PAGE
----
Premium Pricing And Price Skimming

Premium pricing, a value-based and positioning pricing strategy, is when you use price to communicate that your product has features that make it worth more than what your competition offers. When you use a value-based or premium pricing strategy, not only are you appealing to your customer’s logic, but also to their emotions. Premium pricing involves setting a higher price than would be warranted by cost-based pricing alone. Whether it is a unique product, one with superior workmanship or quality, or a service that no one else provides, your job as a businessperson is to create a sense of perceived value so that your customer is willing to pay the higher price tag. You can create a sense of value through marketing and publicity, your store’s décor, packaging, by featuring products with point-of-purchase information, or linking them with respected leaders in your field through endorsements or positive reviews. Usually, premium pricing is only effective for a limited length of time. Once competitors start carrying the same product and it becomes more widely distributed, you will be forced to drop your price to be more in line with your competition.

Price skimming, related to premium pricing, is designed to help you maximize the sales on new products by setting your prices high during the introductory phase of a new product, then lowering it later in the product’s lifecycle. Rather than having to create a sense of value, the fact that your product is brand new is enough to warrant the higher price.


Price Anchoring

This is an effective pricing strategy to increase sales for your products. Anchoring refers to the human tendency to rely on the first piece of information, the “anchor,” when making subsequent decisions. Once an anchor is set, the brain interprets new information according to a bias formed by the anchor. With respect to sales, if you place a higher priced item next to a lower priced item, you will create more of a demand for the lower priced item. In other words, if you place a several smaller crystal balls next to a larger, $1,000 crystal ball, people will tend to buy more of the smaller crystal balls at $100 than if they were priced at $65 while shown separately. If you arrange your store’s products with this in mind, you will be able to charge more and will increase profit.


Penetration Pricing

Penetration pricing is used to attract buyers by offering a lower initial price for either product or services to draw the customer’s attention toward you and away from your competitors. With such pricing, you are trying to penetrate a new market or a market that already exists, but one in which you don’t have enough market share. With penetration pricing, you encourage customers to try your new products or services and to familiarize themselves with what you offer. It is great for introducing new product, a new store or service. The disadvantage of this strategy is that you risk not covering your expenses, especially if you don’t get the sales that you anticipated by offering an inexpensive price. When you set your price low initially, it may be hard to raise it later.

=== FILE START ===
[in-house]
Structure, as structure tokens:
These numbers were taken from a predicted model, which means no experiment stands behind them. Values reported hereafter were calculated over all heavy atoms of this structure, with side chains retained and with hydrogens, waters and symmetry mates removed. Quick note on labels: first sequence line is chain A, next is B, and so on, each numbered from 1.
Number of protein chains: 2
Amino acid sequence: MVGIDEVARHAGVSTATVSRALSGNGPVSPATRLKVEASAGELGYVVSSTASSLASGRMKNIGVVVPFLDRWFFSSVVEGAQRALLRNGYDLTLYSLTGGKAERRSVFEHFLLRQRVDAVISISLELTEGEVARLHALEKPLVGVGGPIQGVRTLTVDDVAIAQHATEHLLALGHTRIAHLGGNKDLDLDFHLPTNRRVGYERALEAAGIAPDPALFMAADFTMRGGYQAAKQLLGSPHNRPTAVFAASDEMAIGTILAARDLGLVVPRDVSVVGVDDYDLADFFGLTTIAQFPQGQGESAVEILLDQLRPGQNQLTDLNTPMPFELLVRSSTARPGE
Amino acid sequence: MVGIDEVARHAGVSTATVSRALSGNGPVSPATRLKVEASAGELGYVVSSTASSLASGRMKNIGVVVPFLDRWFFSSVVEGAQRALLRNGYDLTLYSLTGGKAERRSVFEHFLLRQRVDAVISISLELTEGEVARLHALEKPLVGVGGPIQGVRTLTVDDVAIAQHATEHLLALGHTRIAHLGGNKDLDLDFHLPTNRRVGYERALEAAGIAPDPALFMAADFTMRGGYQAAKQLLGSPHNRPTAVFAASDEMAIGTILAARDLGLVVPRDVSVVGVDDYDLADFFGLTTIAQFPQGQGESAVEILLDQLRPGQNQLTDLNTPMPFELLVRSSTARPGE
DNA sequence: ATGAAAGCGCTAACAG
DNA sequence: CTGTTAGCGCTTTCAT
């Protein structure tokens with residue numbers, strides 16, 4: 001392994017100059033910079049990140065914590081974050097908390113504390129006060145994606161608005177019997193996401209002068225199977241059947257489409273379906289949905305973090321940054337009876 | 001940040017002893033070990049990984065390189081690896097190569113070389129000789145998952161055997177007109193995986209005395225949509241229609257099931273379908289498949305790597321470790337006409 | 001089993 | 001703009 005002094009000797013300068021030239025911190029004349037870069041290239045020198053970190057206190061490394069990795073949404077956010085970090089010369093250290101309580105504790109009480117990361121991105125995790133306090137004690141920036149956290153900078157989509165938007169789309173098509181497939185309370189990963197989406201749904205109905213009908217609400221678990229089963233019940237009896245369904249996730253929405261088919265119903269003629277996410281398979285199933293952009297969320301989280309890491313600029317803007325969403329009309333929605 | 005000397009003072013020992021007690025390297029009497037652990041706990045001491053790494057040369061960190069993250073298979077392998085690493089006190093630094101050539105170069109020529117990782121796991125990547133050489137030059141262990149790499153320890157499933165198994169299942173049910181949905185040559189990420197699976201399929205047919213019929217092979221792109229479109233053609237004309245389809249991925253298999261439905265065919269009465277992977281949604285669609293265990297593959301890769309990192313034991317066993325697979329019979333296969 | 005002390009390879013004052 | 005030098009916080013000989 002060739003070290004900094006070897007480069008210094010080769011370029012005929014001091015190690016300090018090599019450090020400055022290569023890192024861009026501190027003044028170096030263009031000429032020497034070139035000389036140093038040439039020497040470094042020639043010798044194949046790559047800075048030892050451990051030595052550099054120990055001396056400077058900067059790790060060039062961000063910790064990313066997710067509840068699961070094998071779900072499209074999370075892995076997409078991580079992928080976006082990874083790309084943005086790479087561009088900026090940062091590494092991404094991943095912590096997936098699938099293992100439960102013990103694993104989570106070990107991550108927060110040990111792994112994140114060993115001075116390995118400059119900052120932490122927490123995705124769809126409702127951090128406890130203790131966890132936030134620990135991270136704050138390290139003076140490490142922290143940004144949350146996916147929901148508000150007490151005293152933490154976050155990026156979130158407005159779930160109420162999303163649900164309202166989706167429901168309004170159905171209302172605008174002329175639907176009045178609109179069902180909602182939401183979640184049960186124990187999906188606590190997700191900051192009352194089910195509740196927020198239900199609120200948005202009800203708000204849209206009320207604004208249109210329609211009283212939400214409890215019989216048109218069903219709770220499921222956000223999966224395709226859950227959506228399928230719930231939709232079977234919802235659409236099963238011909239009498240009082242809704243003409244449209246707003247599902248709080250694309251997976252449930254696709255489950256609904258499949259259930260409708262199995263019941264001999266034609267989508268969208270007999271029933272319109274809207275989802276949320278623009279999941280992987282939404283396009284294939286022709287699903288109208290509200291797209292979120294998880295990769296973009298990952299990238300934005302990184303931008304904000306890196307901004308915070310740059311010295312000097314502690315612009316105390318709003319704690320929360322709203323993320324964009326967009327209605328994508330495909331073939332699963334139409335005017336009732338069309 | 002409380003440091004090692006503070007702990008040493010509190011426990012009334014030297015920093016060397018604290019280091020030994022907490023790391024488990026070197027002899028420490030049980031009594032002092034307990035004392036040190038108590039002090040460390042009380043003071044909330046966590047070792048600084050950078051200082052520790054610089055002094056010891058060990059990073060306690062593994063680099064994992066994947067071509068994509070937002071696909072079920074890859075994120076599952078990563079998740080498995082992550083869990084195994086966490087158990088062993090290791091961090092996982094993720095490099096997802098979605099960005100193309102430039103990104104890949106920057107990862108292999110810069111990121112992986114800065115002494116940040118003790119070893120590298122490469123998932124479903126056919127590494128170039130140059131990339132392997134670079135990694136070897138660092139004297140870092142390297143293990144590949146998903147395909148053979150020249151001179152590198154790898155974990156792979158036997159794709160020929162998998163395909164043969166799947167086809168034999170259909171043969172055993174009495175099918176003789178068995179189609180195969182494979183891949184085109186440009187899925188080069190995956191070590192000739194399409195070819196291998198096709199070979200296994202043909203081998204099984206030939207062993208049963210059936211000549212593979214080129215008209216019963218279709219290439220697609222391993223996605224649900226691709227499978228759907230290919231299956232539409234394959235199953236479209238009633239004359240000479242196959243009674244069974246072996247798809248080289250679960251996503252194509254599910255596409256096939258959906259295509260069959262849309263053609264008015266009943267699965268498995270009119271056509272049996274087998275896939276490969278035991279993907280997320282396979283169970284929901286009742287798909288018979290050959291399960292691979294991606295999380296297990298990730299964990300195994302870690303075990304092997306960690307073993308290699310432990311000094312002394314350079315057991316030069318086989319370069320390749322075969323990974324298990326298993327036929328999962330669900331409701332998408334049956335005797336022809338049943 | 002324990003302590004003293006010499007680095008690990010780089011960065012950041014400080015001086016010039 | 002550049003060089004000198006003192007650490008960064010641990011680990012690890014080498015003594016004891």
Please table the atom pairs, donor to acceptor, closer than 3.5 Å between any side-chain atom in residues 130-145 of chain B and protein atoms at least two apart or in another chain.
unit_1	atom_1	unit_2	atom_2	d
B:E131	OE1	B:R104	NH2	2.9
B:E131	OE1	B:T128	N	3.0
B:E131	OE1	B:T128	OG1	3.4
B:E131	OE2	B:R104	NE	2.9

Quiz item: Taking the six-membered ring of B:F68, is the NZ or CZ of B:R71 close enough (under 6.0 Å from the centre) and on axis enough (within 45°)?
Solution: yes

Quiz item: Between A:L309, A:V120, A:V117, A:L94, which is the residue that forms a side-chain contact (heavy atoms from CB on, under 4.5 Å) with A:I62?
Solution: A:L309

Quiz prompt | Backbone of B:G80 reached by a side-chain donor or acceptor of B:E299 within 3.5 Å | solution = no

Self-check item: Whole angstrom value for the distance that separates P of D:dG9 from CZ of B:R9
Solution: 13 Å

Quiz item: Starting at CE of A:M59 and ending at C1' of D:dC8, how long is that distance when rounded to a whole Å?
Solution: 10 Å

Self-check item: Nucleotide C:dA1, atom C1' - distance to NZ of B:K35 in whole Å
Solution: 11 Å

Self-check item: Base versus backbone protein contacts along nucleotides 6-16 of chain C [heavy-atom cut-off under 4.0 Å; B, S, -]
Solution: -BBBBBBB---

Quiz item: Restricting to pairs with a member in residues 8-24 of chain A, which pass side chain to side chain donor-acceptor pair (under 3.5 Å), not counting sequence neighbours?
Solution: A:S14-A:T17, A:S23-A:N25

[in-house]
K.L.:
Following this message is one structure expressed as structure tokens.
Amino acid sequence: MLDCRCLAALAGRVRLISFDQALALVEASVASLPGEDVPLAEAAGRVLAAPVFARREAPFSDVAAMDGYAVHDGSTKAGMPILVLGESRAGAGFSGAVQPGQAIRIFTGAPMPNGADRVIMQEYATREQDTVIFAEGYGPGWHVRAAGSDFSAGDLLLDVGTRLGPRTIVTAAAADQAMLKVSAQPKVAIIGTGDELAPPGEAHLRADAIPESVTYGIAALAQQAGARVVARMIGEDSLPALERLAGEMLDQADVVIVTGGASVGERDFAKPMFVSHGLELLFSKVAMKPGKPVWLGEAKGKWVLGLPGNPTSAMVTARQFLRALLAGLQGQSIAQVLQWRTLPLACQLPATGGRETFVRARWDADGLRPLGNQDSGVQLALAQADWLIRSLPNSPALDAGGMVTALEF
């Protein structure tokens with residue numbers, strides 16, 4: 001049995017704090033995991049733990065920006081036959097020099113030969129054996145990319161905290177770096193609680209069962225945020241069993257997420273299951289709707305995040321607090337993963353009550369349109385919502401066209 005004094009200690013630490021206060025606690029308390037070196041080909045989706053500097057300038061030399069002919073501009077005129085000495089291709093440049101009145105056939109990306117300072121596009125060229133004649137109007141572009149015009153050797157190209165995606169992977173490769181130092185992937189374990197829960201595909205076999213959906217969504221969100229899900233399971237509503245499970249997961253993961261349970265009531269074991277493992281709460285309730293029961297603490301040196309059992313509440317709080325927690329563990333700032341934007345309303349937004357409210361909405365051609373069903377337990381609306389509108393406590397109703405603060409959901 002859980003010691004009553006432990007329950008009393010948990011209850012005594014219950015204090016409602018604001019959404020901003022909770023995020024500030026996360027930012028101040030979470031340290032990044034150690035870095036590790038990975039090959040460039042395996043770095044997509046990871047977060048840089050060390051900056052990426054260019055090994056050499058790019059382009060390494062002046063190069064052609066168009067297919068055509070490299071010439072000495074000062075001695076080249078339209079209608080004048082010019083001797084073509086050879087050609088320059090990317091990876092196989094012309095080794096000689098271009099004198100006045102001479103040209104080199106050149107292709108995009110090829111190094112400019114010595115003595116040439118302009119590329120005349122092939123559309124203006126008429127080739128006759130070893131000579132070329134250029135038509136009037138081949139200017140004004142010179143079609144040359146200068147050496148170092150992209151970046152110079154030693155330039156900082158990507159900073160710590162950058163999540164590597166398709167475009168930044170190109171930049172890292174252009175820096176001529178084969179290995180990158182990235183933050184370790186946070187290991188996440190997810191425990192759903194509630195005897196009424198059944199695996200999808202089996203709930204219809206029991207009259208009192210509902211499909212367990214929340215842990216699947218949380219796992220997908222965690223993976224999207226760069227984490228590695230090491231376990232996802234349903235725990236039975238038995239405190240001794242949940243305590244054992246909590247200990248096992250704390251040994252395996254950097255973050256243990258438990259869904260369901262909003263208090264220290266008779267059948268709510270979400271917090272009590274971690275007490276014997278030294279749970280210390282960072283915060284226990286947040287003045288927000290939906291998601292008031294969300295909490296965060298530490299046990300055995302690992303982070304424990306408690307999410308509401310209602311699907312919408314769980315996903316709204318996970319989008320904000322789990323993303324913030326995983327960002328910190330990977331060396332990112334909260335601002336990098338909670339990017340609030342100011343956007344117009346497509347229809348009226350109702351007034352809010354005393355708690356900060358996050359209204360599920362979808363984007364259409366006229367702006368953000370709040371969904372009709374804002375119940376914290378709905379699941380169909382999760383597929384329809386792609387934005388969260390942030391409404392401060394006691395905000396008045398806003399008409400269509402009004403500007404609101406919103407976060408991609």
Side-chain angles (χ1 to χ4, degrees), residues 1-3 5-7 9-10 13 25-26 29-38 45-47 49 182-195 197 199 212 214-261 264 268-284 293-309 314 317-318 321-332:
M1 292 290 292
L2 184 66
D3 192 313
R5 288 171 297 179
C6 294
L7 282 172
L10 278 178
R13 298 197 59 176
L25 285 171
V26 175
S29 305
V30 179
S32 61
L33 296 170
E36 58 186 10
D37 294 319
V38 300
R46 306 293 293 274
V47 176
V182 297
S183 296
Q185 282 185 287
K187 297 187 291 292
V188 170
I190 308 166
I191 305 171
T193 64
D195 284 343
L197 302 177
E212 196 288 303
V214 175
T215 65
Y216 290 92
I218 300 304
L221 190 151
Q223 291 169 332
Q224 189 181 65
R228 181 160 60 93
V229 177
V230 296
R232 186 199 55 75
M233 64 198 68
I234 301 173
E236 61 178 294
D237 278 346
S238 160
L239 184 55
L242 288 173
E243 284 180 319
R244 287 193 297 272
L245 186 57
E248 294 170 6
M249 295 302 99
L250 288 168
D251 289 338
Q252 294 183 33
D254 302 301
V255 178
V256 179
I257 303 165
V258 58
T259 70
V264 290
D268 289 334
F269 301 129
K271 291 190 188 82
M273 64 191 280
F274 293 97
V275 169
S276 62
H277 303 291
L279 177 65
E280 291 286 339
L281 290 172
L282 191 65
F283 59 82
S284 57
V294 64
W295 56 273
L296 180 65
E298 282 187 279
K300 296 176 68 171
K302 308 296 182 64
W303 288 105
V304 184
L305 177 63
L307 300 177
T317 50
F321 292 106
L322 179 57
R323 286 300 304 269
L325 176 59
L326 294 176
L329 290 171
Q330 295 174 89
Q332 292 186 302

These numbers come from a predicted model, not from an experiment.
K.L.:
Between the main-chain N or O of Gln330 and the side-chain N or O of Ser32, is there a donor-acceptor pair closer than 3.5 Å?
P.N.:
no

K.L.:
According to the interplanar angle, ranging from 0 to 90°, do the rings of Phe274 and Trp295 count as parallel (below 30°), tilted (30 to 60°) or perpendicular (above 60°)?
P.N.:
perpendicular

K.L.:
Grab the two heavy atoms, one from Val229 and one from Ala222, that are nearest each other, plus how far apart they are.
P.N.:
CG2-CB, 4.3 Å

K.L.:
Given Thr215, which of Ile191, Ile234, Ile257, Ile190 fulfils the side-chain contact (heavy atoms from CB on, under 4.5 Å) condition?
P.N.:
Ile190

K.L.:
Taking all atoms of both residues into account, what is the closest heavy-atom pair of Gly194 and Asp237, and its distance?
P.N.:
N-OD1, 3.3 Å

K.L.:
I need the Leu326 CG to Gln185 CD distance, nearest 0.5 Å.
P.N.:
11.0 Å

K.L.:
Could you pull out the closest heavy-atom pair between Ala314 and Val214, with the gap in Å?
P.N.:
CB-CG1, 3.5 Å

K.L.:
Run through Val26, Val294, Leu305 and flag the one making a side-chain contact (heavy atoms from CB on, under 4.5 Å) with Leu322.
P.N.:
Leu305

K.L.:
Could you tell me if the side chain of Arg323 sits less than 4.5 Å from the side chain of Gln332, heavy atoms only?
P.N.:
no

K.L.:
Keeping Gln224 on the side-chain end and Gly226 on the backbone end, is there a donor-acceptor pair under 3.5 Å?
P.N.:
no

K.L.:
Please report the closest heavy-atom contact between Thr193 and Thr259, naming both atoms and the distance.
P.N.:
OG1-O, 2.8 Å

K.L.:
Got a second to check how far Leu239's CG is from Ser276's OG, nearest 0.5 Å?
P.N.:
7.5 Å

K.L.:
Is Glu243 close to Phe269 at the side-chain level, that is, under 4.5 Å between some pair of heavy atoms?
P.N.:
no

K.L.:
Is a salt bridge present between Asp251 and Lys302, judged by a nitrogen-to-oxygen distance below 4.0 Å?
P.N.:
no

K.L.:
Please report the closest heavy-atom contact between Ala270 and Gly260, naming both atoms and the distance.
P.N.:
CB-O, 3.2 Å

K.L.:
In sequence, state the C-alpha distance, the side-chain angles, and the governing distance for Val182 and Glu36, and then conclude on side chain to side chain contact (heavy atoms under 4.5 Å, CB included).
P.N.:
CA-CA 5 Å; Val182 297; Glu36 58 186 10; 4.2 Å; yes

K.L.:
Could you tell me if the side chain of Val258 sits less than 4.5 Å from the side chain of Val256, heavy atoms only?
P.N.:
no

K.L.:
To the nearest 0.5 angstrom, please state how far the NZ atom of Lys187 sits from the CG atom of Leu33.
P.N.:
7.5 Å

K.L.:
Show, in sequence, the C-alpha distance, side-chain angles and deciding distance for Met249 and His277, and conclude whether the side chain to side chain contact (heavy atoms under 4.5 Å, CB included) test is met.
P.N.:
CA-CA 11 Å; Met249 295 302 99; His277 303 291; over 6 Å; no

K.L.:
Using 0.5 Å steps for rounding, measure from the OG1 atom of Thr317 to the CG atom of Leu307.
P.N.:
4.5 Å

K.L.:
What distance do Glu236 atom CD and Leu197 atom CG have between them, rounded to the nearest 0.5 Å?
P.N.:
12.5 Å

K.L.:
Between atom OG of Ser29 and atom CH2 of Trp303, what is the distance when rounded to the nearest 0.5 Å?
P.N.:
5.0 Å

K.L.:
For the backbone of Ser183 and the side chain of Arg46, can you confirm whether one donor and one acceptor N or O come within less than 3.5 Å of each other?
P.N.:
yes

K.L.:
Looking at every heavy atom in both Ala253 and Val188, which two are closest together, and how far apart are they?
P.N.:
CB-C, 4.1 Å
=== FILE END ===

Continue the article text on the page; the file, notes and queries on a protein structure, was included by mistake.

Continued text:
There is no doubt that people like to get a bargain. Sales, discounts and giving something for free are some of the ways to do this without seeming to lower your price and suggesting that your product or service lacks value. Bargains have the ability to drive customers to buy now, or to buy more than they normally would, thus boosting sales.

Emphasizing free offers works wonders. Customers will buy more books when they get a free bookmark, for example. Free samples lead to more sales of what is sampled. Offering a free small crystal when a customer buys a larger stone will work wonders. Bundling products also works well. You will tend to sell more candles if you offer a third candle for half price if they buy the first two, for example. No matter what the bargain is, it is important to adjust your sales copy or have prominent signage to point your customers toward these offers. Also important is to have included extra profit margins in initial pricing so that you can afford to discount.


Odd Numbers, Simple Prices and Good Experiences

There are other considerations when setting your price that are quite psychological in nature: The first is to keep your prices simple. Prices that are more complicated look and sound higher.  For example, $100 is more effective than $100.00. The second way to increase your price and profitability is by adding an odd number to your price’s ending. Because the eye moves from left to right, subconsciously customers will view the price as closer to the number on the left and round down on the right. We probably have all seen this in action. $4.99 is psychologically perceived as $4.00 rather than $5.00 even if our rational mind says differently.

All in all, to profitably price, it is best to be scientific as well as creative in your pricing while, at the same time, keeping a close eye on your results. This is true no matter what pricing strategy you are using.

Uma Silbey
Author: Uma Silbey

Uma Silbey was one of the first to pioneer crystals, gemstones, and ‘energy’ information to the world through her jewelry designs, books, and music. Besides running her jewelry company since the late ‘70s, Uma has authored six books, including her latest The Ultimate Guide to Crystals and Stones, available through New Leaf Distributing Co. She has also recorded 18 albums of meditation music and guided visualization, and twice has been considered for a Grammy nomination, including her latest Altered States. Visit her website for blogs, articles, music, and newsletters.

Website: http://www.umasilbey.com/